By Glenda McCarthy
It’s not every day a post-secondary student gets the opportunity to work on a project from concept to completion, but for College of the North Atlantic (CNA) graduate Scott Glasgo, that’s exactly what happened.
Scott, who is from Calgary, Alberta, went back to school after an injury took him away from a successful job in the metal fabrication industry. He completed a Computer Aided Drafting (CAD) diploma in Vancouver, but wanted to get a leg up over the competition. That decision led him to enroll in CNA’s Mechanical Engineering Technology (Manufacturing) Co-op program.
“I was looking at the jobs and most required quite a bit more training than I had. You can do all the CAD drawings in the world, but if you are doing CAD drawings for a civil firm, they want you to have a civil technician designation, or for an architectural firm they want architectural technologists because they have more depth to the job.”
He, along with his wife and daughter, made the decision to relocate to St. John’s, NL, where Scott enrolled in CNA’s Mechanical Engineering Technology (Manufacturing) Co-op program to supplement his previous diploma.
It was here that he learned about the college’s Industry Engagement Unit (IEU), which helps small businesses throughout the province succeed in a growing marketplace. The IEU engages experts from CNA’s faculty and staff, as well as students and graduates from engineering technology programs. It pairs experts with rural businesses that need help with the development and implementation of products, process and organizational innovations.
IEU coordinator John O’Leary says Scott’s skillset meshed perfectly with what they do.
“I believe Scott’s successful engagement in this project, first as a co-op student and then later as a graduate of the college’s Mechanical Engineering Technology (Manufacturing) program, is a clear demonstration of the mutual benefits that can be realized through industry-college collaboration,” John says.
One of the main projects Scott worked on was with Goulding’s Wholesale, the owner of Chatman’s Bakery in Charlottetown, NL. The business was looking for an innovative solution to their hiring struggle due to an aging local demographic. The company wanted to explore adopting advanced robotic technology into their company.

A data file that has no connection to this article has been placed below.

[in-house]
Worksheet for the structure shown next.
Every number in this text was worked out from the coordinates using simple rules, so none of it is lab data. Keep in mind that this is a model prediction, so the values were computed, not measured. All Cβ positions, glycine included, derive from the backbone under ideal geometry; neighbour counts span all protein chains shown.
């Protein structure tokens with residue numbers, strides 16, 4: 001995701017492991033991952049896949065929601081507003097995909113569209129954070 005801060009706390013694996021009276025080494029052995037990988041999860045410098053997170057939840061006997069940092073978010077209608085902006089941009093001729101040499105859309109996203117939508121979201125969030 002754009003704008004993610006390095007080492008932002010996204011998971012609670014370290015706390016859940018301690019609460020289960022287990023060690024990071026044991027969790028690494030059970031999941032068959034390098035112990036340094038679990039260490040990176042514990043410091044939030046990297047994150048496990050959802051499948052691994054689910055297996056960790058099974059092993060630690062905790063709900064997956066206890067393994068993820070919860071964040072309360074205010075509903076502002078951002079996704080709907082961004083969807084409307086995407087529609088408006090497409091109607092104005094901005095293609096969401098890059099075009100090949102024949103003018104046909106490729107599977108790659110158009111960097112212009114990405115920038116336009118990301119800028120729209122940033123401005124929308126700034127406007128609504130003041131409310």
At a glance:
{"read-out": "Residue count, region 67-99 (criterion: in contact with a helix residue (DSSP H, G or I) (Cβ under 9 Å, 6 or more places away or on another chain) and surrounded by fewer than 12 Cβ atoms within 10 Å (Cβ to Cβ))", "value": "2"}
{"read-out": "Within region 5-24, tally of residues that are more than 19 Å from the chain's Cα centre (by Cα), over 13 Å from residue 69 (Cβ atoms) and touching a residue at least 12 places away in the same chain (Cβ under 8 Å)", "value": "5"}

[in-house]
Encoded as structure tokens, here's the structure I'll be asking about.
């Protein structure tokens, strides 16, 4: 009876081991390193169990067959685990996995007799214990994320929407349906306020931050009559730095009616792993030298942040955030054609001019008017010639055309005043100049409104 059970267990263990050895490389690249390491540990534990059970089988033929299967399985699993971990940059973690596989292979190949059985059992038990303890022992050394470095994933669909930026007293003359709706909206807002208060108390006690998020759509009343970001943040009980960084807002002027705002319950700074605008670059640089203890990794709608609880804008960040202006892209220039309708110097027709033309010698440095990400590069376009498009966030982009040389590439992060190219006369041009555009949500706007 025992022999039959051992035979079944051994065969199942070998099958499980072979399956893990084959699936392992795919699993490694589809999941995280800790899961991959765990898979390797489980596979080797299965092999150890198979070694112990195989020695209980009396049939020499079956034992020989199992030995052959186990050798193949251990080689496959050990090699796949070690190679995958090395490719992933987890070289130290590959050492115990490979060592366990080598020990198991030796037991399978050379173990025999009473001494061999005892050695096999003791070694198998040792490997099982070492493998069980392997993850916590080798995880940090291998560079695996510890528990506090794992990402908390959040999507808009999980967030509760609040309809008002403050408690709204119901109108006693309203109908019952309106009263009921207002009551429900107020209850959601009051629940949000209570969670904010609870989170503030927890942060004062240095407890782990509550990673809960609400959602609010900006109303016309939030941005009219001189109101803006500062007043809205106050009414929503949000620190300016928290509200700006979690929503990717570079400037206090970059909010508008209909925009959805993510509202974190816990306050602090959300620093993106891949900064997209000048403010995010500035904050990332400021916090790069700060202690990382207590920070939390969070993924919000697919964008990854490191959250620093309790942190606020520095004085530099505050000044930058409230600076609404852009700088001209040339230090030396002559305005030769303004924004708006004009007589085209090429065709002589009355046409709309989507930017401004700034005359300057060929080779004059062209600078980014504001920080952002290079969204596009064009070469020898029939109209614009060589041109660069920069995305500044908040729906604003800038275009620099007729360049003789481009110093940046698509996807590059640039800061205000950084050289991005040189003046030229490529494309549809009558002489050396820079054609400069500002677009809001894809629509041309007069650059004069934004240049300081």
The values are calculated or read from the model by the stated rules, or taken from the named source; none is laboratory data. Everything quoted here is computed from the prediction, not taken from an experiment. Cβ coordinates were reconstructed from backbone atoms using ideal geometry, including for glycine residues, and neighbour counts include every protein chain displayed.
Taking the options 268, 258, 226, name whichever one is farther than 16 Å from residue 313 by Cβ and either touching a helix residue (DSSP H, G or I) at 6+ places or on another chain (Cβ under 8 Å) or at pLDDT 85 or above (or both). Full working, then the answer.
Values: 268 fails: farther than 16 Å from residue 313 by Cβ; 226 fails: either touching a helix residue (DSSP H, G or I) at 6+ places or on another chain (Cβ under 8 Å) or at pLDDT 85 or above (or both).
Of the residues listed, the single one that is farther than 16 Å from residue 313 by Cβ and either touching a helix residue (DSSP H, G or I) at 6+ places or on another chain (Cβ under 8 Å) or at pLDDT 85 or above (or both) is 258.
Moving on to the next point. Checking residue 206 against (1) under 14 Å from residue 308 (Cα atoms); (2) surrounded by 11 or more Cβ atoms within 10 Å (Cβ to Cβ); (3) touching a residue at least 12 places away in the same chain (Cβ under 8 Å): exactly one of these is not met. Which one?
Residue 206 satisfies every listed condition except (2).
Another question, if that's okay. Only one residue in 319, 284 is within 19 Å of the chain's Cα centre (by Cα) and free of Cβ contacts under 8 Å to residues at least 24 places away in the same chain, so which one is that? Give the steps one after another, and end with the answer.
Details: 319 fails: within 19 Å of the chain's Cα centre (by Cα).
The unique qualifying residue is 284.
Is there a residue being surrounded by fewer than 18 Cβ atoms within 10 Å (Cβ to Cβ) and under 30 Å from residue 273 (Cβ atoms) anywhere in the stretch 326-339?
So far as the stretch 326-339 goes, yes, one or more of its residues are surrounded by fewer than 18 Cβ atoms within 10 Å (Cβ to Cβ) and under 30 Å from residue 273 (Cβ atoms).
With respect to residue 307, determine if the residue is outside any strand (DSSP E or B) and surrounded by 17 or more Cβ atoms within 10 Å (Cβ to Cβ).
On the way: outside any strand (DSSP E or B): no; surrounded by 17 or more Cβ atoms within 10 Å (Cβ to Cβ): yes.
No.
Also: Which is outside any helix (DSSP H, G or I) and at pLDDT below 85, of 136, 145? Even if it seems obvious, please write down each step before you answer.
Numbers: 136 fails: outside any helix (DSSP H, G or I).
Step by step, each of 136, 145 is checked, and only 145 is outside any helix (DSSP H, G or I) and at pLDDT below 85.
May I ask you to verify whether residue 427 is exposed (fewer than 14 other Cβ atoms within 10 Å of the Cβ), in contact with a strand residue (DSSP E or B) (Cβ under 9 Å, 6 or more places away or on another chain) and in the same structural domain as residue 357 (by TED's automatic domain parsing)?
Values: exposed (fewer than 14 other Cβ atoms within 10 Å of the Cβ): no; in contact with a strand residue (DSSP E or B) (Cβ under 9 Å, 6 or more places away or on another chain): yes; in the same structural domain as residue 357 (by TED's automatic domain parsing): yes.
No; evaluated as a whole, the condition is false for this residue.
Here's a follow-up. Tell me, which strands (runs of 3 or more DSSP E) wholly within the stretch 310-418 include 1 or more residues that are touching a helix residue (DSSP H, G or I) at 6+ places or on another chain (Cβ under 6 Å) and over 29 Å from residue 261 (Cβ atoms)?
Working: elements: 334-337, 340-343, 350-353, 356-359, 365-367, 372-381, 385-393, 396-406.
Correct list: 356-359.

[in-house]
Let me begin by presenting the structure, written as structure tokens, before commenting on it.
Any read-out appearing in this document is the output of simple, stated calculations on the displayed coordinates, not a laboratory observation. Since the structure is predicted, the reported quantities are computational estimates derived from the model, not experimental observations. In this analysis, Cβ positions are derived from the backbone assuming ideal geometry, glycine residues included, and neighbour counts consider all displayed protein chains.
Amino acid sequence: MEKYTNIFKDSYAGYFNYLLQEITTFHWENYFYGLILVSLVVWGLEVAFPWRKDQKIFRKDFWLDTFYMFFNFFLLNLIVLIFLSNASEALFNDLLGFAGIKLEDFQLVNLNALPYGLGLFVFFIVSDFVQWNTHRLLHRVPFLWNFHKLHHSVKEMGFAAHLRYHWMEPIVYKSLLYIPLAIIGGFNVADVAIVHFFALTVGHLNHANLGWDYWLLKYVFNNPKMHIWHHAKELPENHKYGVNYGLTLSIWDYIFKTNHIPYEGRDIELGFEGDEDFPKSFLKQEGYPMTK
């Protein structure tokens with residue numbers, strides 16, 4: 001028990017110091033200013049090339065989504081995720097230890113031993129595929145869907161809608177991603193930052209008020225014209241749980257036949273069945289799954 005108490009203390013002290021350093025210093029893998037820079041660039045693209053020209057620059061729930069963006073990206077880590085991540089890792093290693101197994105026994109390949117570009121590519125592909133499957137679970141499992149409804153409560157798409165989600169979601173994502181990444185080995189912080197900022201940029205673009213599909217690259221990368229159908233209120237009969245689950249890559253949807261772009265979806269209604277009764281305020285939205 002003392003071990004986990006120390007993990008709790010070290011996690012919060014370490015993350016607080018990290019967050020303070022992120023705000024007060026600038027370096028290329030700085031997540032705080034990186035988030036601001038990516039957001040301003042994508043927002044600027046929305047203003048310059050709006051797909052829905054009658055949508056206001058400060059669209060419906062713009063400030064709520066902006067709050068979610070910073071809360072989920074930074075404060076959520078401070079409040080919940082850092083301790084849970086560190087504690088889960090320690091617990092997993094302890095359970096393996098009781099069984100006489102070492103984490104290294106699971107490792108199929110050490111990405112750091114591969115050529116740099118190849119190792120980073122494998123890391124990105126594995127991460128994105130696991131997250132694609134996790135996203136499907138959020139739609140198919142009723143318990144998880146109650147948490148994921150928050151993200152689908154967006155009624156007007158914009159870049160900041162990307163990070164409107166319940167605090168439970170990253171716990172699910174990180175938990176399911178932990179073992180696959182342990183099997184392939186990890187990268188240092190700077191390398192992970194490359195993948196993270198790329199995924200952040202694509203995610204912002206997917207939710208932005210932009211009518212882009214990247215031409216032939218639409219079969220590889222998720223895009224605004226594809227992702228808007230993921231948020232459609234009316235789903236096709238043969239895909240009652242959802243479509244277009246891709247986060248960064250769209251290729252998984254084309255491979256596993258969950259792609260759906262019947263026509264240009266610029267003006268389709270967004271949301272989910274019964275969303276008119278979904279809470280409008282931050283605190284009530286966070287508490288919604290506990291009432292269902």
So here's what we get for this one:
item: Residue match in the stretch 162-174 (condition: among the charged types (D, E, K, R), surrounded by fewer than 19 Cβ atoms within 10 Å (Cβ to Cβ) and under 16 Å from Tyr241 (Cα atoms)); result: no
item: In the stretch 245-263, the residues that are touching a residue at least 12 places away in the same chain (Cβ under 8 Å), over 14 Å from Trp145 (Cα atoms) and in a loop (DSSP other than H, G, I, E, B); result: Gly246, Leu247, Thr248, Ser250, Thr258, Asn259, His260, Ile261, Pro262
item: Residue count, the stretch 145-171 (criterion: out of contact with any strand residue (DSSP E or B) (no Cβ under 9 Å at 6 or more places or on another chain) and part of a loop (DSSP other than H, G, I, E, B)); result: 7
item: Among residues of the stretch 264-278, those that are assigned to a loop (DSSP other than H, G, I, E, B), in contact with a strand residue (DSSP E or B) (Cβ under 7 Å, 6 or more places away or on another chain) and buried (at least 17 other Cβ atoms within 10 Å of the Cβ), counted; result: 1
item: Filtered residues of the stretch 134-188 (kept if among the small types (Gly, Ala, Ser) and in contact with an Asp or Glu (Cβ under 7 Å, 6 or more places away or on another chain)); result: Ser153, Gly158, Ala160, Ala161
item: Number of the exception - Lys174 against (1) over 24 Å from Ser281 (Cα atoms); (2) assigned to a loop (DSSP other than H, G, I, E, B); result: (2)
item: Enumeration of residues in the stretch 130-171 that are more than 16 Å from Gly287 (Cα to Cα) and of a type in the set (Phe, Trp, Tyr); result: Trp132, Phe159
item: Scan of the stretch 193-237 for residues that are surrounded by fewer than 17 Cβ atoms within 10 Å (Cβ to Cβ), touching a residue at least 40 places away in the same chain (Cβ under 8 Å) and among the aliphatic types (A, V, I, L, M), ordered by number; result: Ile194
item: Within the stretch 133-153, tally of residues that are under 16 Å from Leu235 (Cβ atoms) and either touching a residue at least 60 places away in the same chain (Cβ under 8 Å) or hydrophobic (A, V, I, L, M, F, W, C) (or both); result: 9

According to Roxanne Weinheber, General Manager of the Bakery Division, the operator of the manual cookie cutting system at Chatman’s Bakery retired and they had great difficulty finding a replacement given the physical nature of the work.
“After our cookie cutter retired in 2015, we were very challenged in that area to find a replacement. Multiple people tried, but they just could not perform the job requirements. This position is enviably the heart of our business. If there is no one to cut cookies, then there is nothing for our bakers to do, and nothing for the packing people to pack,” Roxanne said.
“You can imagine that left us in quite the predicament. As much as our pride rode on the fact that we were a handmade bakery, reality finally hit us hard. In today’s changing world, technology is inevitable if we want to succeed.”
The company wanted to explore adopting advanced robotic technology, and that’s where Scott’s CAD experience came in handy. He was given free rein to come up with an idea and began to investigate various solution options.
“From the beginning Scott was very committed to the project. He put a lot of time and research into the project, and along with his team, did a wonderful presentation. Though I have to say the three-inch thick information piece he presented me was a bit overwhelming and intimating,” she recalls with a chuckle.